Cost Cutting: RDNT has outlined multiple cost saving initiatives that can benefit margins. With CMS reimbursement rate being flat in 2016/17, we should see some margin improvement in 2017.

Owner / Operator:  Founder and CEO of the company owns 13% of equity.  Overall, insiders own 20% of equity. In this environment, particularly with the current leverage of the company, it comforts us to see management with meaningful equity ownership.

Valuation: RDNT performed 5.6 million imaging procedures and generated $890M revenue in 2015. For 2016, management guided a 10% revenue growth, 15% EBITDA margin, and $45M of FCF ($0.97 FCF per share) at the mid-point. FY 2016 guidance implies TEV / EBITDA of 6.9x and FCF multiple of 6.9x.


Headwinds to consider:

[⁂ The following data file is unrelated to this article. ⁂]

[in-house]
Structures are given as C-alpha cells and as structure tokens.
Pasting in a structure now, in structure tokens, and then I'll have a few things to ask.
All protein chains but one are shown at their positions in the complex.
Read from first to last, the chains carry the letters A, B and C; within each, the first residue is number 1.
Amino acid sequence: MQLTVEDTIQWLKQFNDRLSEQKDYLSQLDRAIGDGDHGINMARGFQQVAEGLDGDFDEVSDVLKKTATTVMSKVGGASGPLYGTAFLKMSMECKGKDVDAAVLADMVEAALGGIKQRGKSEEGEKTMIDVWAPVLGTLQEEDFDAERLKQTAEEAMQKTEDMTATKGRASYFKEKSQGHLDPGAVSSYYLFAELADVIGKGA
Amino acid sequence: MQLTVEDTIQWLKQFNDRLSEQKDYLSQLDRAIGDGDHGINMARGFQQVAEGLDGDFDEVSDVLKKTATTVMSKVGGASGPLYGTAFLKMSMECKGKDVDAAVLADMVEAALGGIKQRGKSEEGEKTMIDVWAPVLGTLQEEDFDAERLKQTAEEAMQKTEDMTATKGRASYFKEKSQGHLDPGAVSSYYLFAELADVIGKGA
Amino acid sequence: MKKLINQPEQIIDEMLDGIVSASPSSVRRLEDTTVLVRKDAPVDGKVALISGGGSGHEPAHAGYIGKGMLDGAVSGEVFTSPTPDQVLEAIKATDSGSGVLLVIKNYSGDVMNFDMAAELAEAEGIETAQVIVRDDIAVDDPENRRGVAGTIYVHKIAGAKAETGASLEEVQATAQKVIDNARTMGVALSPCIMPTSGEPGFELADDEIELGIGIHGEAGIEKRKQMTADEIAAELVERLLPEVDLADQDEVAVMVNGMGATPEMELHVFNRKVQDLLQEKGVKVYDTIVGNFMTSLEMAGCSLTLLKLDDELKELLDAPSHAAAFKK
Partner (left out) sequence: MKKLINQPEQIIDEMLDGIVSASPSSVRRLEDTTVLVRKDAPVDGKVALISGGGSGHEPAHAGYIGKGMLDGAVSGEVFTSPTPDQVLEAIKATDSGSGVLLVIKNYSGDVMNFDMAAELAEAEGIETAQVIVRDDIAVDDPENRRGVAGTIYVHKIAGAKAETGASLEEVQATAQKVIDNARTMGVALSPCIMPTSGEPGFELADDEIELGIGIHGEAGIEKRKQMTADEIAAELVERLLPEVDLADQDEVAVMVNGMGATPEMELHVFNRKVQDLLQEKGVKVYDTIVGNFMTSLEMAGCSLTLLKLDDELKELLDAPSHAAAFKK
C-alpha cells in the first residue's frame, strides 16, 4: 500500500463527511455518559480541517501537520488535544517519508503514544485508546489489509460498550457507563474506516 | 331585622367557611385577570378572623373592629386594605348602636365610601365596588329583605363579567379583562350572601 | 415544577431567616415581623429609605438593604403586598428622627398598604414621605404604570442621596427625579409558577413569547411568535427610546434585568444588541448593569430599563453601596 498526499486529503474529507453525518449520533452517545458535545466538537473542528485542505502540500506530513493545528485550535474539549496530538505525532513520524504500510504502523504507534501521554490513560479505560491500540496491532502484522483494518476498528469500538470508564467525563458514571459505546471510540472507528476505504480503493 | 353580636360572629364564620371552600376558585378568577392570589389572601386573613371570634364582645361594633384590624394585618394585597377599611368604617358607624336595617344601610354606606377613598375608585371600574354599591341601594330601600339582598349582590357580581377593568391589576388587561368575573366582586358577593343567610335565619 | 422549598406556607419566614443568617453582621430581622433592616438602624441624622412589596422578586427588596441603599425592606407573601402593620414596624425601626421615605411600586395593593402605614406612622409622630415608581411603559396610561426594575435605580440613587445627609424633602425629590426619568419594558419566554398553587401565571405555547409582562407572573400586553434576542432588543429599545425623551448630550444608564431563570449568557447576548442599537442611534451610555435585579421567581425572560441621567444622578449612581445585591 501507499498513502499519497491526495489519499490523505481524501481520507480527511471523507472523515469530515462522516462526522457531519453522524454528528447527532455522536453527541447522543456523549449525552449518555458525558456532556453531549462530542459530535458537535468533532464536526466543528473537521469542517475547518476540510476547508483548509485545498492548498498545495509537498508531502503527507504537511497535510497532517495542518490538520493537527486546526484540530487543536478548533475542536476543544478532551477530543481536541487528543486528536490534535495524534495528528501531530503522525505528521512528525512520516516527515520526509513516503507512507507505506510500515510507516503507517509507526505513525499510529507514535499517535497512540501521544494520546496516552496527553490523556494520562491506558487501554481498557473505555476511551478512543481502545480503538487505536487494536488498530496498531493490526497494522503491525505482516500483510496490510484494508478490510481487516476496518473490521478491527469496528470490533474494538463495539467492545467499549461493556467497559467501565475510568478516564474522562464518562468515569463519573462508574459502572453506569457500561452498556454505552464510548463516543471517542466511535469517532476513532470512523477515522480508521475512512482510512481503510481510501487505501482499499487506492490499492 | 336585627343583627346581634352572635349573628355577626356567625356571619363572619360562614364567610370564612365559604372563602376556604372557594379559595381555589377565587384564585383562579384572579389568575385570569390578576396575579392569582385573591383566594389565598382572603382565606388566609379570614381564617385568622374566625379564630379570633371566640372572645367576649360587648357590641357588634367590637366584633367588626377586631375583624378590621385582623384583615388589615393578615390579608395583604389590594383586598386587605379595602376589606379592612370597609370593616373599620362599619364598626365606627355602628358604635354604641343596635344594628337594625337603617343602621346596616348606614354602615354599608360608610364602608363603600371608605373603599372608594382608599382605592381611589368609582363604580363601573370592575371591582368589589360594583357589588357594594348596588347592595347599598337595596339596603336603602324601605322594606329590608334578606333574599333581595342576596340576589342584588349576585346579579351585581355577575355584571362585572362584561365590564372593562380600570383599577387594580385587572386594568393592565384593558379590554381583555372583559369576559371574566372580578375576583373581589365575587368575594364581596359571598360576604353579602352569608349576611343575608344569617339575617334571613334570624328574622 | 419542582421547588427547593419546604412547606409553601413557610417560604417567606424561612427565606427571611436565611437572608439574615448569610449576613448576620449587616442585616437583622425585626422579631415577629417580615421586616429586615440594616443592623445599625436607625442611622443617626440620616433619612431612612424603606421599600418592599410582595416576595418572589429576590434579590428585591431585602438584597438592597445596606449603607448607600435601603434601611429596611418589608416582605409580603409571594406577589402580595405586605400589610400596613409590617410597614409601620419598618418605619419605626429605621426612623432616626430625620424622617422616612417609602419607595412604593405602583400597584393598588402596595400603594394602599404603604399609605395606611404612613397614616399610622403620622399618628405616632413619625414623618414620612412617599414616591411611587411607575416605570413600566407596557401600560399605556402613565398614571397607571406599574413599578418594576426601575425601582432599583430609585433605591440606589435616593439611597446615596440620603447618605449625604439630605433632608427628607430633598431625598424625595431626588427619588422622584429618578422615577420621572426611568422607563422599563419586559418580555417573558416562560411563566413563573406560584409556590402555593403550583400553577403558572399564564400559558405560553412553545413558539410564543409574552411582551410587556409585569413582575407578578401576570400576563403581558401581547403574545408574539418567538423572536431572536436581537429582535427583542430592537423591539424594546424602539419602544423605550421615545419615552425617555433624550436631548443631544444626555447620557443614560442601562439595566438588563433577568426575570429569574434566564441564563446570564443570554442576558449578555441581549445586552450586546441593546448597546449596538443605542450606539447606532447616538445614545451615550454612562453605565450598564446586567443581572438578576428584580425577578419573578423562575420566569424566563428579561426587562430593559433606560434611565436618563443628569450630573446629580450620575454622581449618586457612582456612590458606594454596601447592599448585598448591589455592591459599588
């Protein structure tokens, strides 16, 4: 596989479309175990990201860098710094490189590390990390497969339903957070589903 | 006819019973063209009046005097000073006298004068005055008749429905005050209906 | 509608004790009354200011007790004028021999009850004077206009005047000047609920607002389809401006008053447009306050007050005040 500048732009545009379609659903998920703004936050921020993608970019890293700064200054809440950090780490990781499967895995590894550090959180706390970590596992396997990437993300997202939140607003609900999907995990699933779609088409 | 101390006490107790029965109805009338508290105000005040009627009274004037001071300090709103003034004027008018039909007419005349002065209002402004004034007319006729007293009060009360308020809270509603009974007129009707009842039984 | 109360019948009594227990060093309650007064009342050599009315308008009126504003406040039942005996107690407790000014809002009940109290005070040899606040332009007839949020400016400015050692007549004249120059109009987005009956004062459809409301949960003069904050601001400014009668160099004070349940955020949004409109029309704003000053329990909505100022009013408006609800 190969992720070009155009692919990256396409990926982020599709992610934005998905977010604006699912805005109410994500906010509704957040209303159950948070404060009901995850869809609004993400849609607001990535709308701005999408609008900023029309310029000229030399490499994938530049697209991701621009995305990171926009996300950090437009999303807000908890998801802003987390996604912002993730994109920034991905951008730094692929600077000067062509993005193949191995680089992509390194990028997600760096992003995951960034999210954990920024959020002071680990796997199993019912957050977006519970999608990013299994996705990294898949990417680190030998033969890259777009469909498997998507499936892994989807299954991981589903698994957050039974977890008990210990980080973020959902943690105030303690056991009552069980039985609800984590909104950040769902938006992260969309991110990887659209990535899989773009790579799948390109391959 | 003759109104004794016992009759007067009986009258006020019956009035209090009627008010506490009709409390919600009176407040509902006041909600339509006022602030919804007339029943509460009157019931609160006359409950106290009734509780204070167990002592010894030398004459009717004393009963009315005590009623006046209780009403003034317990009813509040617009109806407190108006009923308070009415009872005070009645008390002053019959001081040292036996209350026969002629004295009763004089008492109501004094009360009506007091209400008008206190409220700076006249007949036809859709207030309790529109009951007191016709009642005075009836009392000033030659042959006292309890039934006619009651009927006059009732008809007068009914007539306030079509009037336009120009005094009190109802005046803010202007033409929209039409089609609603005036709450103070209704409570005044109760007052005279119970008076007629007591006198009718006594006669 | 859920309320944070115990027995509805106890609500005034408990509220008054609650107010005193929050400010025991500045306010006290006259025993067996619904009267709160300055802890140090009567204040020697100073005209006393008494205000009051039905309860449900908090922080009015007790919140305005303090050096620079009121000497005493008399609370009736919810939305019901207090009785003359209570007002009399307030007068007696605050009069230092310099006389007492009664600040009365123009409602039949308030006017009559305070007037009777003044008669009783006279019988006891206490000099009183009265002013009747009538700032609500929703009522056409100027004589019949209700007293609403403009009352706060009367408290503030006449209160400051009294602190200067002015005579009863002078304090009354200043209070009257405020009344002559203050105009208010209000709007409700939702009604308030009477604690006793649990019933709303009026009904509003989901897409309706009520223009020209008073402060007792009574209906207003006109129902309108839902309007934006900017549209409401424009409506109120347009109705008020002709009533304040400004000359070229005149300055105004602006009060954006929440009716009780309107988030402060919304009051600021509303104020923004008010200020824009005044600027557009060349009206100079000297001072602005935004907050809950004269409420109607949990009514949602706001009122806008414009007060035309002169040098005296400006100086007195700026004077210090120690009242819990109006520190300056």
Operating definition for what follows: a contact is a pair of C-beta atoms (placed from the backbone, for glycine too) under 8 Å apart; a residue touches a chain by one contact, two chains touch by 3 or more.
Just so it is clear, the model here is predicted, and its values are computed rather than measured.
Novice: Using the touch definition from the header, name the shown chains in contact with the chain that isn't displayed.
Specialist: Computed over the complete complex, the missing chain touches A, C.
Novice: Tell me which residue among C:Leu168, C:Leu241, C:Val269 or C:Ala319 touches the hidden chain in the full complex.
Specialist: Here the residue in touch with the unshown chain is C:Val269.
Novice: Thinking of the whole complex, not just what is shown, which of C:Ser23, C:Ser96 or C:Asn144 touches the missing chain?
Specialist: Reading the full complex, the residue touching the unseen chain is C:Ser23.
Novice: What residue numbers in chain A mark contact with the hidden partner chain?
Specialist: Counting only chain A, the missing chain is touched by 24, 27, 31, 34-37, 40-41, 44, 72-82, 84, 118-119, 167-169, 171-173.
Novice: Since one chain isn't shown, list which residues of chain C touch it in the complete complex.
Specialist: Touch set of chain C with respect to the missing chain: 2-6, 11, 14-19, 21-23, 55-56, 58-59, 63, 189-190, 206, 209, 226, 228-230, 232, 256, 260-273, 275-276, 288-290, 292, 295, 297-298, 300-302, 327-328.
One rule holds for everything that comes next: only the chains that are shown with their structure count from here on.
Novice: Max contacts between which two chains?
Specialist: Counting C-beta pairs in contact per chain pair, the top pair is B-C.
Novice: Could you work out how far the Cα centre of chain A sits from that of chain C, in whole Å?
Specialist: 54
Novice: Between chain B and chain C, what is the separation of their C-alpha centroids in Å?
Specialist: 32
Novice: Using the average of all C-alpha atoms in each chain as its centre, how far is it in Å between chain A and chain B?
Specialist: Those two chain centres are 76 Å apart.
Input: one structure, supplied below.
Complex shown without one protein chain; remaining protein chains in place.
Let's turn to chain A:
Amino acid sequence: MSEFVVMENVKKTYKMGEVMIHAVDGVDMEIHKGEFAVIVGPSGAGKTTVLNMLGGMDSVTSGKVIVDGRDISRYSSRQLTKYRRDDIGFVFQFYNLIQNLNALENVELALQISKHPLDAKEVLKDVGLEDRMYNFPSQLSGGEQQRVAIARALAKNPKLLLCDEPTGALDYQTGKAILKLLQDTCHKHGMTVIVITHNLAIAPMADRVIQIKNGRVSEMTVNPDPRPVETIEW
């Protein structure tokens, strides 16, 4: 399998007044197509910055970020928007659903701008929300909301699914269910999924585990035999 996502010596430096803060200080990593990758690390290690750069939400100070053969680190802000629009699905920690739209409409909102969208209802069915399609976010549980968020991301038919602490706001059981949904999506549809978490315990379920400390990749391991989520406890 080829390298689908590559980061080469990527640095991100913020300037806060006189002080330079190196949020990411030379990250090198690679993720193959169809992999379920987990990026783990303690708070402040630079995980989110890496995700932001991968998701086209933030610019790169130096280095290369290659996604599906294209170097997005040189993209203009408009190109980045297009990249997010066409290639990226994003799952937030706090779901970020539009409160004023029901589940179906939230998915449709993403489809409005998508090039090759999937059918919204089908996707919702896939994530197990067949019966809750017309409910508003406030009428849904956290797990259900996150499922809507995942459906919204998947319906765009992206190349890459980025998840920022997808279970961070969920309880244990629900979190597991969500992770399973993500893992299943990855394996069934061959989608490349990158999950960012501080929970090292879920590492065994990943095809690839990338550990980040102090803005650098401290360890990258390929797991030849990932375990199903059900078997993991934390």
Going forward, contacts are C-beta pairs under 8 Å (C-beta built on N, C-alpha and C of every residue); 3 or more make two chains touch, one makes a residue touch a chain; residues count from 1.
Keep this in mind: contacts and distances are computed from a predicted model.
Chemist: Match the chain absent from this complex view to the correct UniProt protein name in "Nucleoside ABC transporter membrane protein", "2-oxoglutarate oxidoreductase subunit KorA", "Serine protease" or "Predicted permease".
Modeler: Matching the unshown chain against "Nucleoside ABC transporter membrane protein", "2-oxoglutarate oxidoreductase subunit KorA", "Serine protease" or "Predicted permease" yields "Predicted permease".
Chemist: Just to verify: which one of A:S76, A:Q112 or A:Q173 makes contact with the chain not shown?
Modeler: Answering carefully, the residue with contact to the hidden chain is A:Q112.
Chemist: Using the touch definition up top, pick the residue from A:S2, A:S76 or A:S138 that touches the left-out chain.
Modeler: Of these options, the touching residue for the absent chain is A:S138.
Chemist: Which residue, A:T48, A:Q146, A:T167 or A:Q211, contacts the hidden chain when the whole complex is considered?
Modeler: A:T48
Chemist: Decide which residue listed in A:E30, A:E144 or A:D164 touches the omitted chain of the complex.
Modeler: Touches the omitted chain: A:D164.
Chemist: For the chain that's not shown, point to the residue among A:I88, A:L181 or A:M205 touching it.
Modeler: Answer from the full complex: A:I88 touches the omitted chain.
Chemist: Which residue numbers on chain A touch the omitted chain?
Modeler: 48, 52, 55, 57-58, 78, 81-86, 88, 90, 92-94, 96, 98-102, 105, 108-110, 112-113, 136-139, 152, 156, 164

Affordable Care Act: RDNT along with the industry has benefited from ACA over the past few years. RDNT enjoyed same-center growth of 2.4% in 2013, 7.3% in 2014, 5.5% in 1q15, 7.6% in 2q15, 5.3% in 3q15 and 3.0% in 4q15. We estimate that ACA accounted for ~5% of the same-center volume growth. Our view is that a complete repeal of ACA will obviously impact the business. However, the more likely outcome will represent an amendment to the current ACA or a replacement option that will continue to provide coverage and should not adversely impact RDNT’s business in the long term. Most of the ACA volume increase experienced by RDNT was via Medicaid in CA; we think it’s unlikely that this population loses its medical support.  However, if the Trump administration repeals ObamaCare, we estimate that it can impact up to ~5 – 10% of RDNT’s volume. Our estimate is based on the same center volume growth in 2014-2015.